LND is one of Brazil's largest companies in terms of arable land and its core business consists of the acquisition, development, operation and sale of rural properties suitable for agricultural activities. LND's business model consists of acquiring rural properties that are not fully developed or not developed at all, transform them into profitable agricultural land and then sell the properties at a profit. The company was founded in 2006 and since then it has acquired 10 farms and sold 4. The core of their business model is the land price appreciation coming from the transformation of the property. LND has properties in the following places:
Figure 1 LND's property portfolio
Source: LND's IR
An indication that LND is not a small obscure agricultural company in Brazil can be found in its ownership structure (figure 2).
Figure 2 LND's ownership structure
Source: LND's IR
A 40% owner is Cresud S.A.C.I.F. y A. (NASDAQ: CRESY) and having a name like J.P. Morgan (NYSE:JPM) adds to the general credibility. The owner of CRESY is the greatest Argentine real estate and land developer Eduardo Elsztain. Elsztain is also LND's chairman.
Volume Issue on NYSE
One important issue that prevents a substantial investment or lowers the liquidity of the stock is the trading volume on NYSE. The following figure demonstrates the low volume and purchasing possibilities for LND.
Figure 3 LND's daily trading volume
Source: Yahoo Finance
The low volume puts LND off the list for institutional investors but keeps it interesting for individual investments. The number of shares traded on the Brazilian stock exchange is a little bit better but not much better with the daily average being 11 thousand shares.
Valuation via the analysis of the last sold farm - Cremaq
In order to estimate LND's potential and to find out future potential values before I do a financial analysis I will analyze the last transaction LND did. Cremaq was bought in 2006 for R$ 42 million and has a total of 32,702 hectares. Of those 4,957 were sold in 2013 and the rest was sold recently. The sale price is R$ 270 million and has generated an internal rate of return (NYSE:IRR) of 20.4%. The net value on LND's books was R$ 63 million.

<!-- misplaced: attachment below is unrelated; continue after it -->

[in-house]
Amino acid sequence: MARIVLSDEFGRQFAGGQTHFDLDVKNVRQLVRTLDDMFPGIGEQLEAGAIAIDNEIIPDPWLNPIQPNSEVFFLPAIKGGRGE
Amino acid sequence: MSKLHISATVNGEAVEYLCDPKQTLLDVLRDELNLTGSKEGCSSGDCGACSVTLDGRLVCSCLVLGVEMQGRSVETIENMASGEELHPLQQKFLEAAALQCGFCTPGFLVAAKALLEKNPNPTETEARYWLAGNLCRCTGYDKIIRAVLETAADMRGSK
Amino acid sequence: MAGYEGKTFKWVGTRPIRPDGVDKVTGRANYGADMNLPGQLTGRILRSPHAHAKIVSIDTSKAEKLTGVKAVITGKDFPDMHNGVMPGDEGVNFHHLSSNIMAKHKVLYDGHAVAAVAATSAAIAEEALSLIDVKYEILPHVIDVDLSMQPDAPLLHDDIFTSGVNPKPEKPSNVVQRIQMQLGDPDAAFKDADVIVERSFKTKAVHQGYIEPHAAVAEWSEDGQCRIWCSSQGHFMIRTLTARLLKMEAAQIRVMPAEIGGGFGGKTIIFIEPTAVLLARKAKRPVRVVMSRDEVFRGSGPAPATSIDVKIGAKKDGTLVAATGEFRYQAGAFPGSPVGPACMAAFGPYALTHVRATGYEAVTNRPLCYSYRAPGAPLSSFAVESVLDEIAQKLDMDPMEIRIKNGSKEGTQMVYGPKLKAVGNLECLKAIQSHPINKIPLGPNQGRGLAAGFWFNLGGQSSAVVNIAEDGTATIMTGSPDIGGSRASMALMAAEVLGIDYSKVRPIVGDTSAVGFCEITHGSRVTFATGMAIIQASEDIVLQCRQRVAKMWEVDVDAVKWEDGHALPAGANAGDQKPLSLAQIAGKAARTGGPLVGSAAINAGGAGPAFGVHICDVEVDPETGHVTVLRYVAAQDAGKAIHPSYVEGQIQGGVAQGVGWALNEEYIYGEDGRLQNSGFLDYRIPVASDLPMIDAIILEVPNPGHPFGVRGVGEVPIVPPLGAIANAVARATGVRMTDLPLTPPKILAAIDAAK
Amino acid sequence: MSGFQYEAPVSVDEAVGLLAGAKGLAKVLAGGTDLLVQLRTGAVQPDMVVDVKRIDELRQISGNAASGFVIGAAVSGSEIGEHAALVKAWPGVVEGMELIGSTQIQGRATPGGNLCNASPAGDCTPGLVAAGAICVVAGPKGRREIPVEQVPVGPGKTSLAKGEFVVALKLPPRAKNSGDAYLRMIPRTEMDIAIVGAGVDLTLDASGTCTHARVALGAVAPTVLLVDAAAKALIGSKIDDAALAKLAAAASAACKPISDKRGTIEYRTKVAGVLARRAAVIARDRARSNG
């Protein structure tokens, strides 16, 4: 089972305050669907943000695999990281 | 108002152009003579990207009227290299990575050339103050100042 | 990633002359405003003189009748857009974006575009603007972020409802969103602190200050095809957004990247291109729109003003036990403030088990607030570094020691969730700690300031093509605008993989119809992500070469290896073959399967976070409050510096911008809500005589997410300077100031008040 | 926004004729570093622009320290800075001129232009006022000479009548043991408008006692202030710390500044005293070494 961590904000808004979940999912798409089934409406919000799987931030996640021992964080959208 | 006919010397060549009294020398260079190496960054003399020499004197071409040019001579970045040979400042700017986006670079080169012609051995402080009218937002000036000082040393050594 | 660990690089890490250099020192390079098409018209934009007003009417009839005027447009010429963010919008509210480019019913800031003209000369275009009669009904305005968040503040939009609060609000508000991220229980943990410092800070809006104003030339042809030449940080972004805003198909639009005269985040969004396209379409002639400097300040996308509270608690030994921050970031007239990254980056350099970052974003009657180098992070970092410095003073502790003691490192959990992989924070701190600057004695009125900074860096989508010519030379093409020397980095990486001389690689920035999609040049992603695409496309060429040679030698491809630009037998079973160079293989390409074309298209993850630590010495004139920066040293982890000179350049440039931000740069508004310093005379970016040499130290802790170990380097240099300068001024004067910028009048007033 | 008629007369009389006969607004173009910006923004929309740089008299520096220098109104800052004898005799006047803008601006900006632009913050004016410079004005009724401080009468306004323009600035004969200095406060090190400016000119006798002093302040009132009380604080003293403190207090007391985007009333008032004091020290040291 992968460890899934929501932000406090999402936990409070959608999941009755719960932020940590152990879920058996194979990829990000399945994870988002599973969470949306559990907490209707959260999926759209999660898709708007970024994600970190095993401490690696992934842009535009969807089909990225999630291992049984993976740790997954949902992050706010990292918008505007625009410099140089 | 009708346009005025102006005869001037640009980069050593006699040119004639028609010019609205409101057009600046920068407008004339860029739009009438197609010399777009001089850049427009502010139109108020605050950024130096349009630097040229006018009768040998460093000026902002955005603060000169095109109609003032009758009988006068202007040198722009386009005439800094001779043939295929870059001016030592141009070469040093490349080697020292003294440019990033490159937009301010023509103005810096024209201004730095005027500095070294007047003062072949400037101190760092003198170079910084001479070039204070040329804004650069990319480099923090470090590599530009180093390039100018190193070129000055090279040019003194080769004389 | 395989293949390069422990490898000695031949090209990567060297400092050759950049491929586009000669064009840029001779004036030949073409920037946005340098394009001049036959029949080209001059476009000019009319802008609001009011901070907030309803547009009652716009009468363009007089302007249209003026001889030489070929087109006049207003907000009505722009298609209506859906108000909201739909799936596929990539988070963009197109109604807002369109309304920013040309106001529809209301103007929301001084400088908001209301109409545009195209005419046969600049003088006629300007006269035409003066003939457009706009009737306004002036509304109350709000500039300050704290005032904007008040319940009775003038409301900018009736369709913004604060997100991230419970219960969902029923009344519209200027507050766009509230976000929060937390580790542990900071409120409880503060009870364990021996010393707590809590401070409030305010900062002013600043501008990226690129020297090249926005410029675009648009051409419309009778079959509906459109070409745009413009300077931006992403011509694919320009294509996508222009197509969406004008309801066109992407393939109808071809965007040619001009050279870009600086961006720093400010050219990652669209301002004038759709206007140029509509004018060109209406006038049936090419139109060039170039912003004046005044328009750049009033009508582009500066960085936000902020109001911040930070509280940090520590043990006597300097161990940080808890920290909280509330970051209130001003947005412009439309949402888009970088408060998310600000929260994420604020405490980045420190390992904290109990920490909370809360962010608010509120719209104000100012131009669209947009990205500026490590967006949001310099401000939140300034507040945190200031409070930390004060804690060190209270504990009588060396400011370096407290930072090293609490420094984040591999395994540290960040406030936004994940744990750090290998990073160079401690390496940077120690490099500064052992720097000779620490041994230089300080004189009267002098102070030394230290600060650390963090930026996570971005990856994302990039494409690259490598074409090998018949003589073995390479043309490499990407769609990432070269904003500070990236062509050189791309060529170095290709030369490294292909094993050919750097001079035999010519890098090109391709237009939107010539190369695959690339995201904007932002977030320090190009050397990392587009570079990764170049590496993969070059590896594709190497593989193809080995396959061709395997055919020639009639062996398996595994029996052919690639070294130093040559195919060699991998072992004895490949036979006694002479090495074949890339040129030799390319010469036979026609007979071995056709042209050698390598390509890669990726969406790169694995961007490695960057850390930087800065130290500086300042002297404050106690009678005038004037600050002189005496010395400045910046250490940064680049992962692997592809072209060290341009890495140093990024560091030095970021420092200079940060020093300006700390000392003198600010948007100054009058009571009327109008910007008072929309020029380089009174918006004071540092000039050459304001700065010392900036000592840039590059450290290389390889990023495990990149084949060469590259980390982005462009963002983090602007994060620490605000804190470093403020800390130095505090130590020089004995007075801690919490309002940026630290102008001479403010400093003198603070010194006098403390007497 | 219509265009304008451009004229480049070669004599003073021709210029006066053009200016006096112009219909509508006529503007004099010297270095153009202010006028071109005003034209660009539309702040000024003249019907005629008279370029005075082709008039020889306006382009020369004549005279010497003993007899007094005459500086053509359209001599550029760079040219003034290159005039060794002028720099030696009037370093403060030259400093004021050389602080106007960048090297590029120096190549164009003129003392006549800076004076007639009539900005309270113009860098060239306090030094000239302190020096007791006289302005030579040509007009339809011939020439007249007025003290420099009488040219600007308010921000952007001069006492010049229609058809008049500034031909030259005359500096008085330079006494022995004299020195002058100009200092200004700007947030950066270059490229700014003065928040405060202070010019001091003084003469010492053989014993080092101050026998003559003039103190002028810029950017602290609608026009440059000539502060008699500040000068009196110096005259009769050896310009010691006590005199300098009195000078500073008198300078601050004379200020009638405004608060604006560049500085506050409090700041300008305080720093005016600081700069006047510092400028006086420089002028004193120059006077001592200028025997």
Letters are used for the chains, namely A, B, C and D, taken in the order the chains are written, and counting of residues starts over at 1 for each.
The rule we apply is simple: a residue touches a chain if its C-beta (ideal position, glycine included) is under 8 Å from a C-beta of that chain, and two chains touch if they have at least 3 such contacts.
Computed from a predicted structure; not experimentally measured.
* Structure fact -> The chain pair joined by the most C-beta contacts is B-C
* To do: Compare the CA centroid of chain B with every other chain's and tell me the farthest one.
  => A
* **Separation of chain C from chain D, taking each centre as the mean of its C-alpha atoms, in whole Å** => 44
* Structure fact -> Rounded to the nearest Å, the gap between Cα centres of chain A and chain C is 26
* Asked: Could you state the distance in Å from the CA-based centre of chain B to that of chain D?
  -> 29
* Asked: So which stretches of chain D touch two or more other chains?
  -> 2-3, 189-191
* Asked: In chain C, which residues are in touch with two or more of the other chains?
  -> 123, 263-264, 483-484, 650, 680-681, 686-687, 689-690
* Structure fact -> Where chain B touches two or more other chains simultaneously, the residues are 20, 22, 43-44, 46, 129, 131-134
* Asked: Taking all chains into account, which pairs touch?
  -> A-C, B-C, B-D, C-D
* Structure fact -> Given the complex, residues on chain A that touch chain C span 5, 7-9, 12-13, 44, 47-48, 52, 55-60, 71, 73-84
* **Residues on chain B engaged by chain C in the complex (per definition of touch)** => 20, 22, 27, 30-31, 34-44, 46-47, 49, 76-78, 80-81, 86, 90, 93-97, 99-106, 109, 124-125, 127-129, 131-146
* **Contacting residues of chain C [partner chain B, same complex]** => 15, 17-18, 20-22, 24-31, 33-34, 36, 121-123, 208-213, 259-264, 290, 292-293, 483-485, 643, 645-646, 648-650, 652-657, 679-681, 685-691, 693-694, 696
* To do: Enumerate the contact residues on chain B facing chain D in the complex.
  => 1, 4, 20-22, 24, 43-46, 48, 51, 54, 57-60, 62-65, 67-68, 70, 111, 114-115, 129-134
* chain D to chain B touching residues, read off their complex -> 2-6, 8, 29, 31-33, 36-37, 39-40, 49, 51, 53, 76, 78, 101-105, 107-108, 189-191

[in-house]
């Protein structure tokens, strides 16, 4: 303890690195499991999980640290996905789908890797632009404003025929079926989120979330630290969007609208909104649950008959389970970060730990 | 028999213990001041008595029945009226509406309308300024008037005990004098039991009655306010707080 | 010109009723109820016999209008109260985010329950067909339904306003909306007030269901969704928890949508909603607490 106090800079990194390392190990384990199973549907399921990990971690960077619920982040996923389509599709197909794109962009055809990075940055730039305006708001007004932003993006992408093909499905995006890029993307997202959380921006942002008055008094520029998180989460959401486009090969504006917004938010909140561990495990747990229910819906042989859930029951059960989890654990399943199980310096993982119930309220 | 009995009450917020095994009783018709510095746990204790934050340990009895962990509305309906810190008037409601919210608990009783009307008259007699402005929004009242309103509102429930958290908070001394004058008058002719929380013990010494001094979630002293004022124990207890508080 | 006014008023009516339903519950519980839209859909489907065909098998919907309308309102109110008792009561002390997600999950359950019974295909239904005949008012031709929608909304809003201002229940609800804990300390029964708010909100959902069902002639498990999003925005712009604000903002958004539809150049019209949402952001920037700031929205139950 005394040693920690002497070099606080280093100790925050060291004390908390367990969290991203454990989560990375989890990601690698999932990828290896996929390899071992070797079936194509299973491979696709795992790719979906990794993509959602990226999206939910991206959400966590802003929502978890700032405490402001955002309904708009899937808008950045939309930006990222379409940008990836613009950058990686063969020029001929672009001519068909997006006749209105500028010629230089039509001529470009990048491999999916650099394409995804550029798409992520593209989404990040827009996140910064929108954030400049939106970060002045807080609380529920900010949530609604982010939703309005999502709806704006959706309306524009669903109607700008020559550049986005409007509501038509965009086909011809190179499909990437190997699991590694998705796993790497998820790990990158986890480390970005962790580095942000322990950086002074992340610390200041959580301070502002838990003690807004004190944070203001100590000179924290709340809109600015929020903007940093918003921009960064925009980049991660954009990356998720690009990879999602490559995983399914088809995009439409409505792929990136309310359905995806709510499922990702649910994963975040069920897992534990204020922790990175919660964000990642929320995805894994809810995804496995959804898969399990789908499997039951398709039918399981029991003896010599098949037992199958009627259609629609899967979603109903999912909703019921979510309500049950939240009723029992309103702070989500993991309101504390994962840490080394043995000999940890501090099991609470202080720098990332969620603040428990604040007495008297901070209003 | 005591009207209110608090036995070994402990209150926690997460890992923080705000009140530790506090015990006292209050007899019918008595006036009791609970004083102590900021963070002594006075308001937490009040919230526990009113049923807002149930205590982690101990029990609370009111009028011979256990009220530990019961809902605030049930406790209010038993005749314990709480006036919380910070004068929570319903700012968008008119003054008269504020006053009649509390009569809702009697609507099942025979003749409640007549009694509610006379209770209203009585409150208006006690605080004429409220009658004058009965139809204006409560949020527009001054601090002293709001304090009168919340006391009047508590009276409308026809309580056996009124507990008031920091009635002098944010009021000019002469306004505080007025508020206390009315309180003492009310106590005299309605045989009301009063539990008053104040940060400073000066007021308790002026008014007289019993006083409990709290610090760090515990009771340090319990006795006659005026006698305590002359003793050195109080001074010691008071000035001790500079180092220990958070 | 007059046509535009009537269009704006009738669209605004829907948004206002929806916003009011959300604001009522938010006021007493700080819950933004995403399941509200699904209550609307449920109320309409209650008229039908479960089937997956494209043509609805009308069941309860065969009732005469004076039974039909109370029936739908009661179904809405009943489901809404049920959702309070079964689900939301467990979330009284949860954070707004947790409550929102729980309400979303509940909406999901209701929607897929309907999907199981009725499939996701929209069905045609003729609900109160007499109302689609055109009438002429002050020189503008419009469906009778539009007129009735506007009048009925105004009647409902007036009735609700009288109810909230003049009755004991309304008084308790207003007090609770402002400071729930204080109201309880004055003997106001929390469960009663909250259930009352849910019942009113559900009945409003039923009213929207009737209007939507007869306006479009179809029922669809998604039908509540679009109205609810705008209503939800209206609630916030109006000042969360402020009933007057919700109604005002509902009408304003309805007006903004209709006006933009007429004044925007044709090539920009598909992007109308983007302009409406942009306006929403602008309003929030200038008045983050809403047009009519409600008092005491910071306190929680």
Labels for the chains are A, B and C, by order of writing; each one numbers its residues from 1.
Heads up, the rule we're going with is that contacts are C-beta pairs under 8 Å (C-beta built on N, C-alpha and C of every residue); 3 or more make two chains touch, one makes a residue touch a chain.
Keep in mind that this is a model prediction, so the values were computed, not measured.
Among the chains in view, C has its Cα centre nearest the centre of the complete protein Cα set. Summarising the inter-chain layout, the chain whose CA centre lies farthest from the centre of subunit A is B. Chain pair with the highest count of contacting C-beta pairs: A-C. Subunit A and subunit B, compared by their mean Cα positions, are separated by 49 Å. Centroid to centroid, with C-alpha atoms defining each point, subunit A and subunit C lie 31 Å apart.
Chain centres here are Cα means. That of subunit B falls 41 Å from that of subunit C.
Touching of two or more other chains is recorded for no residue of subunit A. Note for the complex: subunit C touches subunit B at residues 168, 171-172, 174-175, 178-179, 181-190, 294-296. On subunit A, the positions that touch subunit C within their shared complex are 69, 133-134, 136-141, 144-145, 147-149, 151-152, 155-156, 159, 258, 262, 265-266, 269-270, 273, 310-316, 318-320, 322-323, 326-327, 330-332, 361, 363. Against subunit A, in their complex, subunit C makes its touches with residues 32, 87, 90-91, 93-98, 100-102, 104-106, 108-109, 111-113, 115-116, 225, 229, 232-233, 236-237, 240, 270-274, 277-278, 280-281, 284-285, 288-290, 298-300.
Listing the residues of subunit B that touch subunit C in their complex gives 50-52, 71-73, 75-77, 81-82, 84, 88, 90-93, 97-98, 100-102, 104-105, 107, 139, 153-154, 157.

In total LND has acquired 248,197 hectares of which 165,416 arable, developed more than 100,000 hectares and sold 65,399 hectares of which 41,049 hectares arable. The IRR from the sales was from 19% to 27%. After the sale of Cremaq LND still owns a total of 182,798 hectares, 73,000 hectares of which under production and 51,000 hectares in a land bank, adding up to a total of 124,367 arable hectares, plus 58,432 hectares of legal reserves and permanent preservation areas. As the price paid for Cremaq was around $9,700 per hectare we can assume a similar price for the remaining arable land. The 124 thousand remaining arable hectares would give a total value of R$1.2 billion or R$20.65 per share that would be $5.16 USD. As there is more land to still be developed that future increase in arable land can be used as a discount rate to make calculations simple.
As only 18% of the assets are financed by liabilities and only 6% of the assets by long term liabilities the above values can be used at face value.
On the financial and growth side LND has seen revenue grow by 36% per year and nothing indicates that this growth will not continue in the future. Due to the last farm sale the current PE ratio is 2.8, probably next year it will not be that low but when the next farm sale happens such a scenario cannot be excludes. As the company is growing rapidly and the business model is proven to be healthy with no debt investors that are long term oriented and see this as a healthy addition to their portfolios could grasp healthy long term returns.
Figure 4 LND's land ownership growth
Source: LND's IR
The share buyback program
LND has a very interesting buyback program as it has an authorization to buy back almost 3.5 million shares on the market in the next 12 months. This buyback program has been increased since the Cremaq farm sale increased liquid assets. The total buyback should be around 6% of the company. The buyback has been opportunistically increased but still if the internal return rate is 20% and the book value is $3.49 more could have been done on that aspect but the 6% buyback does limit the downside.
I will not be buying LND because the risks related to the Brazilian economy are too high for an estimated 100% return somewhere in the future even if the growth is very tempting. The low liquidity of the stock also does not inspire and I do not see a high premium attached to that. But LND could be interesting for individual investors that want to diversify into Brazilian agriculture and also grasp the potential reversal in the country's economic fortunes. Do not forget that you would be investing alongside one of the most successful Argentine investors Eduardo Elsztain. Also this is a company where future sales could keep the PE ratio on the current low levels that means that the return on investment could be more than 100% in a few years.
Disclosure: I/we have no positions in any stocks mentioned, and no plans to initiate any positions within the next 72 hours.
I wrote this article myself, and it expresses my own opinions. I am not receiving compensation for it (other than from Seeking Alpha). I have no business relationship with any company whose stock is mentioned in this article.